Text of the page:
The interior of the car has everything you'd expect on a high-end luxury car, there's too much for me to list here. The most striking feature of the interior is the 17" touch screen which makes up the centre console.

From here you control most of the car's functions from media, navigation, phone, lights, ride height, regenerative braking and even check you calendar. It's quite an imposing console and I must admit that at first sight it gave the impression of a 60 inch TV in a bed sit. Once you realise that there are no other buttons or controls on the centre console it starts to look OK, much like that 60 inch TV over time. For the iPad generation its intuitive and responsive to use.

The Model S is far from being an everyman car, but this is precisely what it isn't trying to be. Tesla took a top down approach when building cars for the first time with the Roadster then the Model S and soon the Model X. If you were in the market for a high performance yet practical luxury car it would be ludicrous (no pun intended) not to go for the Model S. Just because you have the finances for a car like this doesn't mean you want to throw money away on services and fuel costs. Plus there's the superior feel and response of the electric drive train, once you've driven electric you won't want to go back to 19th century technology. I don't want to get into the debate on whether EVs are "green" but they are responsible for fewer harmful emissions in our towns and cities so that has to be a consideration too and that also means that the Model S is exempt from the London Congestion Charge.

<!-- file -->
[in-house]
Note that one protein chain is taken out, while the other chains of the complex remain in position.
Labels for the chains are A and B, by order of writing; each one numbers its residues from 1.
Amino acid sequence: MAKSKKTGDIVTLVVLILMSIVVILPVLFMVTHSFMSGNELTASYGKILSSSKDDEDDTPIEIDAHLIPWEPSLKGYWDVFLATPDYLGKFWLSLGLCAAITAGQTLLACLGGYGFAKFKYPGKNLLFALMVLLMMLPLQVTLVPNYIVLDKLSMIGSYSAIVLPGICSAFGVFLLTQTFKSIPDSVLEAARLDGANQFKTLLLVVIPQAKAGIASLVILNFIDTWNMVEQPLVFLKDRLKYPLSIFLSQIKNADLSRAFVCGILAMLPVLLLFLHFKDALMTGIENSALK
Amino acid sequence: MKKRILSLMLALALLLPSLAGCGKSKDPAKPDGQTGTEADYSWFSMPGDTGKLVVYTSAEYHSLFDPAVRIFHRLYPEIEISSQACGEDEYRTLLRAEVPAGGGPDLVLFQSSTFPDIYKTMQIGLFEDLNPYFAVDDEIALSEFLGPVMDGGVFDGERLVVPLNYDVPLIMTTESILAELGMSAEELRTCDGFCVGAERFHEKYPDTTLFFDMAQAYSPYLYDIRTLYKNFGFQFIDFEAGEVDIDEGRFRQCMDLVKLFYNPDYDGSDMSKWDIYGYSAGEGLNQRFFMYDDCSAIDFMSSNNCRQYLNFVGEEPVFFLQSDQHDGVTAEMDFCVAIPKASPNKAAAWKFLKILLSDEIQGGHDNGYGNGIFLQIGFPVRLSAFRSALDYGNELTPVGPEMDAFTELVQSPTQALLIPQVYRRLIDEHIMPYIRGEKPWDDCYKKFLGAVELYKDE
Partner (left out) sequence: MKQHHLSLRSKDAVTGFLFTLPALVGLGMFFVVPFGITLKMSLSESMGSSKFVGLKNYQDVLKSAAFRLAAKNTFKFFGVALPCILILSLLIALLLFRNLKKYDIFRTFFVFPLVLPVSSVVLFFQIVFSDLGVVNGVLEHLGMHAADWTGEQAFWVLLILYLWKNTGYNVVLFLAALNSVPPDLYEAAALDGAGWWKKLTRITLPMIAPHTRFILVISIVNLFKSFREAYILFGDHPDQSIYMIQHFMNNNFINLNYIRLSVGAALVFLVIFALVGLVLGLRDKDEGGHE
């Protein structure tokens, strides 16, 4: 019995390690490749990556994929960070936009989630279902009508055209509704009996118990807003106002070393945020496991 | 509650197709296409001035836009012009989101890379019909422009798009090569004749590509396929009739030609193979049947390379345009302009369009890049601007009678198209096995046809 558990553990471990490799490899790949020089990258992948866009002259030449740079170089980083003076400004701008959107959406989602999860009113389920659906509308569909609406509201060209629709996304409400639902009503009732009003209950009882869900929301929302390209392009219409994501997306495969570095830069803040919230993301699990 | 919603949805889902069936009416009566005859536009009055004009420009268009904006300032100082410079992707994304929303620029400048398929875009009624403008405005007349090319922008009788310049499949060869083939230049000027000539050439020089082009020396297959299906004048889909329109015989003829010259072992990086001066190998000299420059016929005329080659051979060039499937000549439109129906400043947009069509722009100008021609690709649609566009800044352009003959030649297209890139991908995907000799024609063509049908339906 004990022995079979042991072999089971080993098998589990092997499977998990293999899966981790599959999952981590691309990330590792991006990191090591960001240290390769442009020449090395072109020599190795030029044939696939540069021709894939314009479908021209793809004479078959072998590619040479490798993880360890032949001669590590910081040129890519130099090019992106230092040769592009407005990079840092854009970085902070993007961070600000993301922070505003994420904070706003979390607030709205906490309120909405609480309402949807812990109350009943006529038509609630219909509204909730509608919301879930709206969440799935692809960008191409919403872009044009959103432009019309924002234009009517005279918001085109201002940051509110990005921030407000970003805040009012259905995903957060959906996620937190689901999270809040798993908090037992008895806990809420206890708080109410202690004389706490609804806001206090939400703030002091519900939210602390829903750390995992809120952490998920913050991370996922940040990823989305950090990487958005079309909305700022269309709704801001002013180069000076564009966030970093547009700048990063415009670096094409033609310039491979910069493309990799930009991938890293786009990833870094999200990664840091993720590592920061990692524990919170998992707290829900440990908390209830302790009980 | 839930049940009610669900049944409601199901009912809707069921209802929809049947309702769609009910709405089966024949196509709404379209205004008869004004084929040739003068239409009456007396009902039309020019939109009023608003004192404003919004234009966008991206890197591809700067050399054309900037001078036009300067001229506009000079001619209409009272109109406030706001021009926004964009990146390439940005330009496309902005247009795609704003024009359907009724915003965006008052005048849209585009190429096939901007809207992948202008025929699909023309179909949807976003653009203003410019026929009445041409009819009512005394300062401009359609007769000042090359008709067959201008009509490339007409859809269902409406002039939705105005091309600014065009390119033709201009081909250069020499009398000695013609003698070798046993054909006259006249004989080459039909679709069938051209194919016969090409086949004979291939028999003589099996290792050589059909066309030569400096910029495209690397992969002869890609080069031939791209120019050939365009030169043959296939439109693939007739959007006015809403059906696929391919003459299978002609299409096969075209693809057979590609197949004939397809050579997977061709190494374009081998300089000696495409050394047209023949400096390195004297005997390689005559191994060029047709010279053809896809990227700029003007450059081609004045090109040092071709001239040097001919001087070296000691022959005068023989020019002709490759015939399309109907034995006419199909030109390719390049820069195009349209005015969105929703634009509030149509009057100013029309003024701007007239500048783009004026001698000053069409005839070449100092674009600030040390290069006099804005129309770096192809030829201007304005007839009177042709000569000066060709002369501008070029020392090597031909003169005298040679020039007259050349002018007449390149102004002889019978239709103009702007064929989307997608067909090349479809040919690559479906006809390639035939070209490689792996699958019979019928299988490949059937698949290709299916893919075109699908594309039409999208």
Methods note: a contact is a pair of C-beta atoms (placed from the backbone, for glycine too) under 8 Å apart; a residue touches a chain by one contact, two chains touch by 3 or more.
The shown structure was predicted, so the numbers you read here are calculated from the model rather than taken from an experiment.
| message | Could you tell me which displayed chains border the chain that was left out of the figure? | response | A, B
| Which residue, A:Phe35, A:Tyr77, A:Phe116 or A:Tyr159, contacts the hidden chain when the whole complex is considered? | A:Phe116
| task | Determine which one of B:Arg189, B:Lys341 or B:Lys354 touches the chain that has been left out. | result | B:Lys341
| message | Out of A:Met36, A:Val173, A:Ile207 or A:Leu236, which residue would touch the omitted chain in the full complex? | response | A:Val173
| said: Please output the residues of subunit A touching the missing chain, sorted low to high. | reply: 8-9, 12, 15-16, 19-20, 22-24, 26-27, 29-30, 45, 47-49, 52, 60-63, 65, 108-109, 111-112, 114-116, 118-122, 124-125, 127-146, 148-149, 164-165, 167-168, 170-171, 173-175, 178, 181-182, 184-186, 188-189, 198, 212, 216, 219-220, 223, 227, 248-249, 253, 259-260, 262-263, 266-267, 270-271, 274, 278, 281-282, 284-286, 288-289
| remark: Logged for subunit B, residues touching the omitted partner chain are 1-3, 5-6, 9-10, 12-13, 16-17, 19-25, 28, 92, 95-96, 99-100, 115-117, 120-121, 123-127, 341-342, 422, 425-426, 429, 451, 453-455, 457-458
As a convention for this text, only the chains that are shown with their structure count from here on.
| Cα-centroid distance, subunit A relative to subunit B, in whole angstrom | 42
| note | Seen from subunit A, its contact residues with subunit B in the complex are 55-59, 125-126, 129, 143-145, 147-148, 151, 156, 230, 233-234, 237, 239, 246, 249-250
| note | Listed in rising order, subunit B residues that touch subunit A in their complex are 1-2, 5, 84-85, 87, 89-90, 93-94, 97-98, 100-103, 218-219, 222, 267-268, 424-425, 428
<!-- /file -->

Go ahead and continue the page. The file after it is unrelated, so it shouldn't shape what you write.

I like what Tesla and their CEO Elon Musk have tried to do. They've aspired to create a new car company that doesn't follow the same tired road that the rest do and have forced the established car manufacturers into a position where they are playing catchup. Tesla have made their patents freely available to anyone to try to encourage others to start building credible EVs, it's amazing more haven't as yet. The Tesla model S isn't a car I can't afford to own myself but it's certainly one I aspire to own, that's got to be the mark of a great piece of design, engineering and not to mention marketing.

EVIOM would like to thank Tesla Motors for allowing us the test drive. Especially Jean-Luc and Wendy from Tesla Motors, Manchester South.